A Conversation With Dr. Lewis Goldfrank That I Will Cherish for the Remainder of My Life
Today’s conversation has been a long time in the making.
There is no justice I can do in this introduction to Dr. Lewis Goldfrank that would convey the impact he has had not only on me, but on the world.
Dr. Goldfrank is the former chairman of the department of emergency medicine at New York University and Bellevue hospital, the nation’s first public hospital. He is a member of the Institute of Medicine of the National Academy of Sciences and is widely considered one of the founders of emergency medicine and medical toxicology.
He has authored countless scientific articles, won numerous prestigious awards and is the editor of the most recognized medical toxicology book in the world, Goldfrank’s Toxicology, now in its 11th edition.
I can say that every decision I make, literally every decision, is influenced by the teachings of Dr. Goldfrank.
And I know this is also the case for anyone who has ever spent time with him.
Dr. Goldfrank is a positive force in so many ways. He is one of those rare people who lives the ideals he embodies.
When Dr. Goldfrank speaks, people gather to listen. And then they are inspired to act.
“Perhaps his greatest influence,” said Rama Rao, a mentor of mine and fellow emergency medicine physician, “has been to teach us that to become a better physician, you need only to devote yourself to one task: becoming a better person. The rest, it seems, will follow.”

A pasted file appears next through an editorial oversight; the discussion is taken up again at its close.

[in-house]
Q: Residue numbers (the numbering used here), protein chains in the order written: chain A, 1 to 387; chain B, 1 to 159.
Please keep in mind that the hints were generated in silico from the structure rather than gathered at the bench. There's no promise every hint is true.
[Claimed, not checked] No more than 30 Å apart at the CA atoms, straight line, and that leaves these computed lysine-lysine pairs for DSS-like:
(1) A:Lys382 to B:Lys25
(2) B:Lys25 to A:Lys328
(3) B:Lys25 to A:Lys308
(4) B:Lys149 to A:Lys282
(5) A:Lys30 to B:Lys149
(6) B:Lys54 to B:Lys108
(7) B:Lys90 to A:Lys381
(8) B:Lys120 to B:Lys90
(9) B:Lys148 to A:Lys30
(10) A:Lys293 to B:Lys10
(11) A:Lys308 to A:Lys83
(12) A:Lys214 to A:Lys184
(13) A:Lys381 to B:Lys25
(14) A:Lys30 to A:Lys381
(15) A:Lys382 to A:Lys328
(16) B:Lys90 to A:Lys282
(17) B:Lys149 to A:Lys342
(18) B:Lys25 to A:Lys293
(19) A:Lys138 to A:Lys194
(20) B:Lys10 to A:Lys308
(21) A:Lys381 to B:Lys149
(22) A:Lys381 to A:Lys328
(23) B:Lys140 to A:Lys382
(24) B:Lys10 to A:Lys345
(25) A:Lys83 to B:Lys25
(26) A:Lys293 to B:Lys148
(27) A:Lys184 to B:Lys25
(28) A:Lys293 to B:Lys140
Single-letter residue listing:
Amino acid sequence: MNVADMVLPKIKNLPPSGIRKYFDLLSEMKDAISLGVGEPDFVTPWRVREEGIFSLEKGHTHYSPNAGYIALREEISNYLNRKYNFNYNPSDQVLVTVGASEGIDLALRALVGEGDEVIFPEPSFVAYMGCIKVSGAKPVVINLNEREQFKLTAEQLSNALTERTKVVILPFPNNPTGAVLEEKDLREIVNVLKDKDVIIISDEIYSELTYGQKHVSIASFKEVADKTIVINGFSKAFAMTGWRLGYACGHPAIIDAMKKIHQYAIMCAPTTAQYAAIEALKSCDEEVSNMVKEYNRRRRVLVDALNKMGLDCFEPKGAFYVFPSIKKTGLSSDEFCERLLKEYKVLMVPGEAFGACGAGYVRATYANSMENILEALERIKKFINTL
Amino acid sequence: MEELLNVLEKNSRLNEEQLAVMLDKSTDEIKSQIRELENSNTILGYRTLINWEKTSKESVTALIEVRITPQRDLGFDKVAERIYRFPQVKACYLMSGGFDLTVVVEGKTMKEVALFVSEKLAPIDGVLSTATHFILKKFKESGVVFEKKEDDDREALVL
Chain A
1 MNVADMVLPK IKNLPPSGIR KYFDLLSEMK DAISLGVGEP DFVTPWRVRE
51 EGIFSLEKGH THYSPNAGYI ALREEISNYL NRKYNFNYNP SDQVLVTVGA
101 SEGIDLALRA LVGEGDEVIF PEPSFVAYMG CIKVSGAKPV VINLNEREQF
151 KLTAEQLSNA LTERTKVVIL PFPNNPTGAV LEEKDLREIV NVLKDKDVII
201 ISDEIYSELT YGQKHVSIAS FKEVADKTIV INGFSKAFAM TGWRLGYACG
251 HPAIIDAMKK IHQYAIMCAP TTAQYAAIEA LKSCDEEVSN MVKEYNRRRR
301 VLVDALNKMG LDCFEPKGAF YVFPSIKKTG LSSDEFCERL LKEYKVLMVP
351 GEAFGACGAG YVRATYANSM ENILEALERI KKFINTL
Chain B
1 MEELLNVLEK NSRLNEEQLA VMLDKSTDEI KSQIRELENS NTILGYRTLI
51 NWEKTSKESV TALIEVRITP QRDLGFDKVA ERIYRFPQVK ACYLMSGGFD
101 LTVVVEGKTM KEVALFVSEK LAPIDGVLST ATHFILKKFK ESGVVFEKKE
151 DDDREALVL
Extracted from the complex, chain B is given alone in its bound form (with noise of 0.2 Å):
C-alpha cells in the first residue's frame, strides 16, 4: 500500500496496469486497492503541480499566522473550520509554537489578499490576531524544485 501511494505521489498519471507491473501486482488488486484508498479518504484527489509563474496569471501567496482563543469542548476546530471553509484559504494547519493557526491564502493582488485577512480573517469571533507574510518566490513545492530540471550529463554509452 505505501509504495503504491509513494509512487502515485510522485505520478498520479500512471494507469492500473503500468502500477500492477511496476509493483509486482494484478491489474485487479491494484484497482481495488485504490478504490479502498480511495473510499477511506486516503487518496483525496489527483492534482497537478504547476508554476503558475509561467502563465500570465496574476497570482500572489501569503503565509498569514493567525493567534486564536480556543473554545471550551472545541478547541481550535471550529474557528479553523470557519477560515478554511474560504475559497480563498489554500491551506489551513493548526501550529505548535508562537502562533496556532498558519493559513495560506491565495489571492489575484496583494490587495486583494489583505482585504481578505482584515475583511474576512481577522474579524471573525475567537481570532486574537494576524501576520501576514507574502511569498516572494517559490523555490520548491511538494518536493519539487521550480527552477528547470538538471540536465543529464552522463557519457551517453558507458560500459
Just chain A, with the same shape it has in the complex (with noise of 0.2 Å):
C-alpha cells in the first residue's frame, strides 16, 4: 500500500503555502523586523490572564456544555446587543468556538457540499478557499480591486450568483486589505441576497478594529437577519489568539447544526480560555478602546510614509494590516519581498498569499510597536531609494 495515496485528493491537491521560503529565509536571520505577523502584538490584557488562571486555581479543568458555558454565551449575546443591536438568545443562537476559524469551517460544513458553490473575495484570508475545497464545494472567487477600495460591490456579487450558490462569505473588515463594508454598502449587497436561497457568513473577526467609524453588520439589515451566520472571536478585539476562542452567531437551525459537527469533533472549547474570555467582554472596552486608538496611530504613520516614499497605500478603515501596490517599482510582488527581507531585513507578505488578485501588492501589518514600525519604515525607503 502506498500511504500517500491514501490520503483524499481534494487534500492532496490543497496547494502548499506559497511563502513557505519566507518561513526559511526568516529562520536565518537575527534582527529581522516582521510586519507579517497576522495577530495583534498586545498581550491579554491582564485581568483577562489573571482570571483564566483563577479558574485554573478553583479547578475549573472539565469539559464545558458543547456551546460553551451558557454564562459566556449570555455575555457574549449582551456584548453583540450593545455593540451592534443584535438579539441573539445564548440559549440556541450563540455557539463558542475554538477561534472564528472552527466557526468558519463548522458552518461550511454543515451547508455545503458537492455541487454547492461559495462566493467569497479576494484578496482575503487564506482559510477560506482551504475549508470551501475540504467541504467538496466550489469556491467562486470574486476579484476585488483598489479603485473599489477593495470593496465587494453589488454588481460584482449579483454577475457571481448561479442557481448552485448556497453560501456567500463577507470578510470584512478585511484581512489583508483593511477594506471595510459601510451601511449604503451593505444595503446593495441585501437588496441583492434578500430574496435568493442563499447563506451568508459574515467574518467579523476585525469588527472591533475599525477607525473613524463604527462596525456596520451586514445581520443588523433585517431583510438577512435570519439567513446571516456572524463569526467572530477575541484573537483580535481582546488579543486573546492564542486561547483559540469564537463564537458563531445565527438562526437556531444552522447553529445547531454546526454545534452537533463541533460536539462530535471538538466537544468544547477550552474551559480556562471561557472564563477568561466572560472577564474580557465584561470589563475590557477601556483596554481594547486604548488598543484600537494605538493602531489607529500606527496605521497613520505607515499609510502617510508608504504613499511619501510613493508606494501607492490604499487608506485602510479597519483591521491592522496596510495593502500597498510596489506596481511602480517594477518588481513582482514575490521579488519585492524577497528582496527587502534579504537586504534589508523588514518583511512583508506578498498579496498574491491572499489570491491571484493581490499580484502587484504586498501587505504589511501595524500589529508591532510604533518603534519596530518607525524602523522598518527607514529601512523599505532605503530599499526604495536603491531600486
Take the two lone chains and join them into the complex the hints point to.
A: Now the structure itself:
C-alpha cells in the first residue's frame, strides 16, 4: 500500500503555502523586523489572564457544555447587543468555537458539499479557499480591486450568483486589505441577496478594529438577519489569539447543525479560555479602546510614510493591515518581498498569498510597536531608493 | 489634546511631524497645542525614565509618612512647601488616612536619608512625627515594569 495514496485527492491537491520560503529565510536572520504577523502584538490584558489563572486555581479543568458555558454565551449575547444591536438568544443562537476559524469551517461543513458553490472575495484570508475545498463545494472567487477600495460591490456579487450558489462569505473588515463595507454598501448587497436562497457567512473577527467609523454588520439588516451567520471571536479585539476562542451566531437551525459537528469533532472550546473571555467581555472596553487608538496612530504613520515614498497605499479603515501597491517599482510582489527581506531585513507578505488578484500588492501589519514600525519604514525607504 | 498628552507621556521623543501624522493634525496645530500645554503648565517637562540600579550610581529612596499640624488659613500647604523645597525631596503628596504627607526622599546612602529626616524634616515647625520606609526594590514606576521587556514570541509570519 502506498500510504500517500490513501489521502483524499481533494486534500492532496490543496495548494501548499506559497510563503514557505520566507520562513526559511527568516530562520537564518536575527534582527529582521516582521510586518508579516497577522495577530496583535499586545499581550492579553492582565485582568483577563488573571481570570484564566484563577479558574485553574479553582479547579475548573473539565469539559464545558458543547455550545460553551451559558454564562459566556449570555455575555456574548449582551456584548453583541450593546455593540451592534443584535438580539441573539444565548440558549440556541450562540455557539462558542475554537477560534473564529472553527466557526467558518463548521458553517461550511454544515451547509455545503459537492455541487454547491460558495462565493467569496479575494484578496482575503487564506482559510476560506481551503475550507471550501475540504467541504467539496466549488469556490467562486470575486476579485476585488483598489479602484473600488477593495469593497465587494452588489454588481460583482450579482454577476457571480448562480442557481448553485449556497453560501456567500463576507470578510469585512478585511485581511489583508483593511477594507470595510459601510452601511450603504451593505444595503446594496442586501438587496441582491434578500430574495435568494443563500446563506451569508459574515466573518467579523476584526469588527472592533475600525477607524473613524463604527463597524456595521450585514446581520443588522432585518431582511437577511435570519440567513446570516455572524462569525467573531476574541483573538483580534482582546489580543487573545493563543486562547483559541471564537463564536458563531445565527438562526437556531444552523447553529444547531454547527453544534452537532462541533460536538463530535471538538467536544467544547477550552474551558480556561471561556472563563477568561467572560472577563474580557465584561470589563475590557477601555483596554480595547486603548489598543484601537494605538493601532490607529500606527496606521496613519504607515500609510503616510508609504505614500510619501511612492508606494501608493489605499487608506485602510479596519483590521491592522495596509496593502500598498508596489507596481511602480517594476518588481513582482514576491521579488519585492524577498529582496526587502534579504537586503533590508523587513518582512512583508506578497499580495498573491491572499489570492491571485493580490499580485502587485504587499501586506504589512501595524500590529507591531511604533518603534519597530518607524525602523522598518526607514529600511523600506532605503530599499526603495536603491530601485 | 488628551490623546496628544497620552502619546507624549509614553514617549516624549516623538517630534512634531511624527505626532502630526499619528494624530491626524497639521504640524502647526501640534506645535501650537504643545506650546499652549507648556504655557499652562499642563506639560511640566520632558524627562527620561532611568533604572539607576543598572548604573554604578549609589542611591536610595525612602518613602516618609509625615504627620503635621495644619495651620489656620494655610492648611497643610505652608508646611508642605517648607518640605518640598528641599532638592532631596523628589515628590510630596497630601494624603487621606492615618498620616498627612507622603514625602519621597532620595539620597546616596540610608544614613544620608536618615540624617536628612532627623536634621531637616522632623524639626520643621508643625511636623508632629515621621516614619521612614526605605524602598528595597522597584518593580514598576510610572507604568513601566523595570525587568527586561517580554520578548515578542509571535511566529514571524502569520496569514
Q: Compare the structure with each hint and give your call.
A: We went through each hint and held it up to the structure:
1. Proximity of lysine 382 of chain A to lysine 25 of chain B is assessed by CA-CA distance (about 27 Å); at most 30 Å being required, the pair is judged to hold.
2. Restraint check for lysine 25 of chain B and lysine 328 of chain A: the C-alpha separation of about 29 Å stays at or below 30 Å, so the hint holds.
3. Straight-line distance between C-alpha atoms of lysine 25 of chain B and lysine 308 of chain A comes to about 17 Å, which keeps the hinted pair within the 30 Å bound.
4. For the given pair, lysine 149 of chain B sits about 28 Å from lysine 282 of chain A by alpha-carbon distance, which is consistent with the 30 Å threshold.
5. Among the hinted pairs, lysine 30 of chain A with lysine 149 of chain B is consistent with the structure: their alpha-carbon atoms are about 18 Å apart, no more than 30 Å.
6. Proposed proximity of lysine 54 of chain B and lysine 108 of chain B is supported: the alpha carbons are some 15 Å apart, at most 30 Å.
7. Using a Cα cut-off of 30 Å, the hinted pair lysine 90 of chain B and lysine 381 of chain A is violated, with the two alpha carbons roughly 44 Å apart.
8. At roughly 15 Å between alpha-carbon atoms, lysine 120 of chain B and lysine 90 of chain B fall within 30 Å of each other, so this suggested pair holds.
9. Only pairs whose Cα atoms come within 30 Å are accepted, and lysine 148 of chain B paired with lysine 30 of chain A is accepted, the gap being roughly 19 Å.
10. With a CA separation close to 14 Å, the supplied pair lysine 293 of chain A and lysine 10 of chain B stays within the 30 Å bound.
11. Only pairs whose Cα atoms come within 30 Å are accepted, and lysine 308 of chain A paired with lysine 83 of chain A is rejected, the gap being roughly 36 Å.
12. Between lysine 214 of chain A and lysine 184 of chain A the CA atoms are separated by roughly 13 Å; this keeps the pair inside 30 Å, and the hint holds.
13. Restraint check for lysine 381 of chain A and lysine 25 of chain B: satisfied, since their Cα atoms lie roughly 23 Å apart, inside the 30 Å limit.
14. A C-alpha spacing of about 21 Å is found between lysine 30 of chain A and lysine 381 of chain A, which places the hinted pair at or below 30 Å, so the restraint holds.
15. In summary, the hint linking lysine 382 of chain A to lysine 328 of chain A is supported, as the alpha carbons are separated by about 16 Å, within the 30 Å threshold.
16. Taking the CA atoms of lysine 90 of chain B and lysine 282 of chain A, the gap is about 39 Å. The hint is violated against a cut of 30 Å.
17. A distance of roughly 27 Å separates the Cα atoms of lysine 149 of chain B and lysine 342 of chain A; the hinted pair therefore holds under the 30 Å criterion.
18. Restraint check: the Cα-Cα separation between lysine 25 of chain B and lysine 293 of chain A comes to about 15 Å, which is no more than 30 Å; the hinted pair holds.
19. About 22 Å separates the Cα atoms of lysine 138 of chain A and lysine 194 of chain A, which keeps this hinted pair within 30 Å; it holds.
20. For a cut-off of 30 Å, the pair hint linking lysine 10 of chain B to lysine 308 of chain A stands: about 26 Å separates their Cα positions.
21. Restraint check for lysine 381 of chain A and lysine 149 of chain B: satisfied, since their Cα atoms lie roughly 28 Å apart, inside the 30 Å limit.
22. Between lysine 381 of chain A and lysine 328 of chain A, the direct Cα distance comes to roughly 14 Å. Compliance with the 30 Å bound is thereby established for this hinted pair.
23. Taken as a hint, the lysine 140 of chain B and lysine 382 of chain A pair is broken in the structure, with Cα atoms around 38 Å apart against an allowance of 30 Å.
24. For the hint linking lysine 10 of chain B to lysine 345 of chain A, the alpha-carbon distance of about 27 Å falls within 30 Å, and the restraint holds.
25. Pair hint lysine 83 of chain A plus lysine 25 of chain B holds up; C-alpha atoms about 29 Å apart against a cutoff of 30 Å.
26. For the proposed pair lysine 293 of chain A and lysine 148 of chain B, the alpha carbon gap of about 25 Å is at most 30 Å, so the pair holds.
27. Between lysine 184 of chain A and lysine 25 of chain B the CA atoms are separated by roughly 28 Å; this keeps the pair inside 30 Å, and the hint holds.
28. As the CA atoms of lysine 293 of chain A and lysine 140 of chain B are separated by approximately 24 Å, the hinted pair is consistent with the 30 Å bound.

Dr. Goldfrank has been at the helm through many disasters, such as 9/11, the AIDS crisis, crack, cocaine, and opioid crises, and tuberculosis epidemics, hurricane Sandy, and so many more.
He is a champion for the homeless and fervently believes in the worth of every single human being, which is the principle that has guided his life.
Instead of trying to give you a preview of everything we spoke about in this interview, I am simply going to say, this is the most intimate, detailed conversation that I have ever heard Dr. Goldfrank engage in.
It is motivating, inspiring, and one that I will cherish for the remainder of my life.
There is an exchange in Chapter 5 of Through the Looking-Glass, a famous children’s novel by Lewis Caroll, it goes like this:
The Queen says, “I’m just one hundred and one, five months and a day.”
“I can’t believe that!” said Alice.
“Can’t you?” the Queen said in a pitying tone. “Try again: draw a long breath, and shut your eyes.”
Alice laughed. “There’s no use trying,” she said, “one can’t believe impossible things.”
“I daresay you haven’t had much practice,” said the Queen. “When I was your age, I always did it for half an hour a day. Why, sometimes I’ve believed as many as six impossible things before breakfast.”
Dr. Goldfrank helps you believe in impossible things. And often turns the impossible into possible.